The way in which veterinary scientists think about and approach the study of genetic disease has not changed, but the tools available to veterinary scientists have and will continue to change, allowing us to study increasingly complex problems and to make more rapid advances in the context of simple problems. To put these advances in perspective, this article first gives a historical perspective on the approaches to studying genetic diseases, particularly in human beings, and then outlines the advances that have become possible with the availability of the dog genome sequence. The article then discusses two inherited defects that are associated with urolithiasis, in particular, those responsible for cystine and purine (uric acid and its salts) stone formation. Together, these two conditions illustrate the contemporary use of a broad range of genetic approaches.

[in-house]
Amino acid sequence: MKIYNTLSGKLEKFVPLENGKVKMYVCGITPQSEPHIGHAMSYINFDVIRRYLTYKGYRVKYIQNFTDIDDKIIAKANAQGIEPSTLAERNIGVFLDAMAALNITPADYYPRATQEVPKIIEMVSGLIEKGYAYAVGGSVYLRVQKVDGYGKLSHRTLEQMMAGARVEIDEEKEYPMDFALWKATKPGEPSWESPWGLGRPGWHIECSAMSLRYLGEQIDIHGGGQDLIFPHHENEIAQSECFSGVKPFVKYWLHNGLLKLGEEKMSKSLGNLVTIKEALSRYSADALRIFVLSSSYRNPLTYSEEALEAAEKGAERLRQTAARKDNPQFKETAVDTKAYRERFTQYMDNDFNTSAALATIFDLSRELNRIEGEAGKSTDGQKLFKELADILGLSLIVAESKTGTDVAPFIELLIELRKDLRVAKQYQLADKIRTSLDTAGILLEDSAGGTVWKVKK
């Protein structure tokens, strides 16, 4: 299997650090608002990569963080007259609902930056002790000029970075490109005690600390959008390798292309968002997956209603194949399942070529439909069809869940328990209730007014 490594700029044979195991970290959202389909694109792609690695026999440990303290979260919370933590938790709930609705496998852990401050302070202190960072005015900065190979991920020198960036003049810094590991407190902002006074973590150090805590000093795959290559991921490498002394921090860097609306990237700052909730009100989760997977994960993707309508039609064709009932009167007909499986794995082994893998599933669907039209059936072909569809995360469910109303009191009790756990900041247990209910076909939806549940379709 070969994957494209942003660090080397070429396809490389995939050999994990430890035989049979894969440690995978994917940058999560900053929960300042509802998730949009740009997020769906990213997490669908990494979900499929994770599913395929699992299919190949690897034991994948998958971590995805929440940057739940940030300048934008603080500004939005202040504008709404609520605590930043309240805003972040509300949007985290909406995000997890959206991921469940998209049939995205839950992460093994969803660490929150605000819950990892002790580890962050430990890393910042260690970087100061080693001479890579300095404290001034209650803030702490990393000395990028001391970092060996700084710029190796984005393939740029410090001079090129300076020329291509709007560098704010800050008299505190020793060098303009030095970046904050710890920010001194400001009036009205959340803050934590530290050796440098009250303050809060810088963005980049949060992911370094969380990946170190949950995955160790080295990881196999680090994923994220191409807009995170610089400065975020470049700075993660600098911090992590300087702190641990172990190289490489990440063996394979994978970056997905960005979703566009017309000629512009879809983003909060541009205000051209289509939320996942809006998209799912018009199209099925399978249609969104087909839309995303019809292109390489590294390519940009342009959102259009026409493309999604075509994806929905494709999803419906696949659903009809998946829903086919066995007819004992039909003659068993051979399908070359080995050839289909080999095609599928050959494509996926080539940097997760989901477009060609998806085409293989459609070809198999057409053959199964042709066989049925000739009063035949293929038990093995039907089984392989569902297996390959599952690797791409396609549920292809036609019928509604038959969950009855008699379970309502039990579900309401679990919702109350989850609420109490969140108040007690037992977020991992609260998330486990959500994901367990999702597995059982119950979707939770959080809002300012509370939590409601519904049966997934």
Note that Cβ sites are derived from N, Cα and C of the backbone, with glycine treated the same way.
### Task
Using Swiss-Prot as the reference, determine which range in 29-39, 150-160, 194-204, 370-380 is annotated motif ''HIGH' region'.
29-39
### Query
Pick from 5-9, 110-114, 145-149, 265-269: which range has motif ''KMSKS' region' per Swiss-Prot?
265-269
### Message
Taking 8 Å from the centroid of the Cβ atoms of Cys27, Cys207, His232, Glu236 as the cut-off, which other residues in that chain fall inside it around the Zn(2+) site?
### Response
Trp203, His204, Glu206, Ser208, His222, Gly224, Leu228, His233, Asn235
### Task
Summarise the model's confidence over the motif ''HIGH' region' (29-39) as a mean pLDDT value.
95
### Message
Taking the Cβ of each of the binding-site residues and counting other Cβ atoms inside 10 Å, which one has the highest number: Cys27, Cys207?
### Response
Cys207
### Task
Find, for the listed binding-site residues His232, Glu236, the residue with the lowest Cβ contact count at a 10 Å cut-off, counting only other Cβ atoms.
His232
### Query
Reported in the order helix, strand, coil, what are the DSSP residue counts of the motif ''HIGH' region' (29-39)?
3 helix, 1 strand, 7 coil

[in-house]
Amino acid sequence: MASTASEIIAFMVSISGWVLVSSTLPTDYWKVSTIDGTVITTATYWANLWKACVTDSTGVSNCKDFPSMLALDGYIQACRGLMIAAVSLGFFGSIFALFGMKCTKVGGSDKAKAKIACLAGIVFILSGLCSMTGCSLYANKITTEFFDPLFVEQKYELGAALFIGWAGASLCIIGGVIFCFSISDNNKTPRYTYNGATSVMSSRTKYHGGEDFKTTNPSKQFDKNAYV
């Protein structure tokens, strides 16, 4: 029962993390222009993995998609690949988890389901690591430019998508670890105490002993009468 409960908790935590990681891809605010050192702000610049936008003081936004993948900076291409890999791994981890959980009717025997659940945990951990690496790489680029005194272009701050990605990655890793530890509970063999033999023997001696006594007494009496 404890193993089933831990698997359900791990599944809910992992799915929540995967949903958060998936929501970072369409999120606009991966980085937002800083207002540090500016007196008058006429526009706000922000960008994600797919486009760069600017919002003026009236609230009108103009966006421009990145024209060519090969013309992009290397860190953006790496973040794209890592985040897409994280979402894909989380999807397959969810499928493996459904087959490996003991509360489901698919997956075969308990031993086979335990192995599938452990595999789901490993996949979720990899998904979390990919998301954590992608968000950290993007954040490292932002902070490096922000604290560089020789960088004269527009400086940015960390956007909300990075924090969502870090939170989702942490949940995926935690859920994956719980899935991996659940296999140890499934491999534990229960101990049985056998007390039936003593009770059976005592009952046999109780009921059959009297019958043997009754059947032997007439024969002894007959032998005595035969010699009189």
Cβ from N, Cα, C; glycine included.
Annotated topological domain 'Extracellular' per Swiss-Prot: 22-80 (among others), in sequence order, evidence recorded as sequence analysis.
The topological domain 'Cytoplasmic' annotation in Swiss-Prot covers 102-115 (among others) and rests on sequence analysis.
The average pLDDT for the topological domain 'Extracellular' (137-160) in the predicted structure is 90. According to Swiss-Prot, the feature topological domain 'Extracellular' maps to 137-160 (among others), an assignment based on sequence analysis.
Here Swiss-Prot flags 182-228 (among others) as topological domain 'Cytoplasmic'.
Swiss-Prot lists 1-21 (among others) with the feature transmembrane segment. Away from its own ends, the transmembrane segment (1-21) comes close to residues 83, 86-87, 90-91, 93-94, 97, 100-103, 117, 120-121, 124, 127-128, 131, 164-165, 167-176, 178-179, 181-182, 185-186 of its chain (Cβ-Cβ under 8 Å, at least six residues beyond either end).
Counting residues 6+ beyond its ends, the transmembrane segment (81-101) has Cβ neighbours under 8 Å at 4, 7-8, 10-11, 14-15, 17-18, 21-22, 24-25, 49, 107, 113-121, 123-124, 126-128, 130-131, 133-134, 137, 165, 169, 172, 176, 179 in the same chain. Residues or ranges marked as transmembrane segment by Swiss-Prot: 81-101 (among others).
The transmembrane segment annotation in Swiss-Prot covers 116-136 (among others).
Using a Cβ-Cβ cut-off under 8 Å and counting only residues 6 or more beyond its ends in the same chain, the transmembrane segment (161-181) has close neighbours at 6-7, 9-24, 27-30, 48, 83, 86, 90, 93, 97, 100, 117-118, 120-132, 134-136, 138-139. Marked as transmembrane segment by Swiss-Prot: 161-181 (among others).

|Original language||English (US)|
|Number of pages||15|
|Journal||Veterinary Clinics of North America - Small Animal Practice|
|State||Published - Jan 2009|
ASJC Scopus subject areas
- Small Animals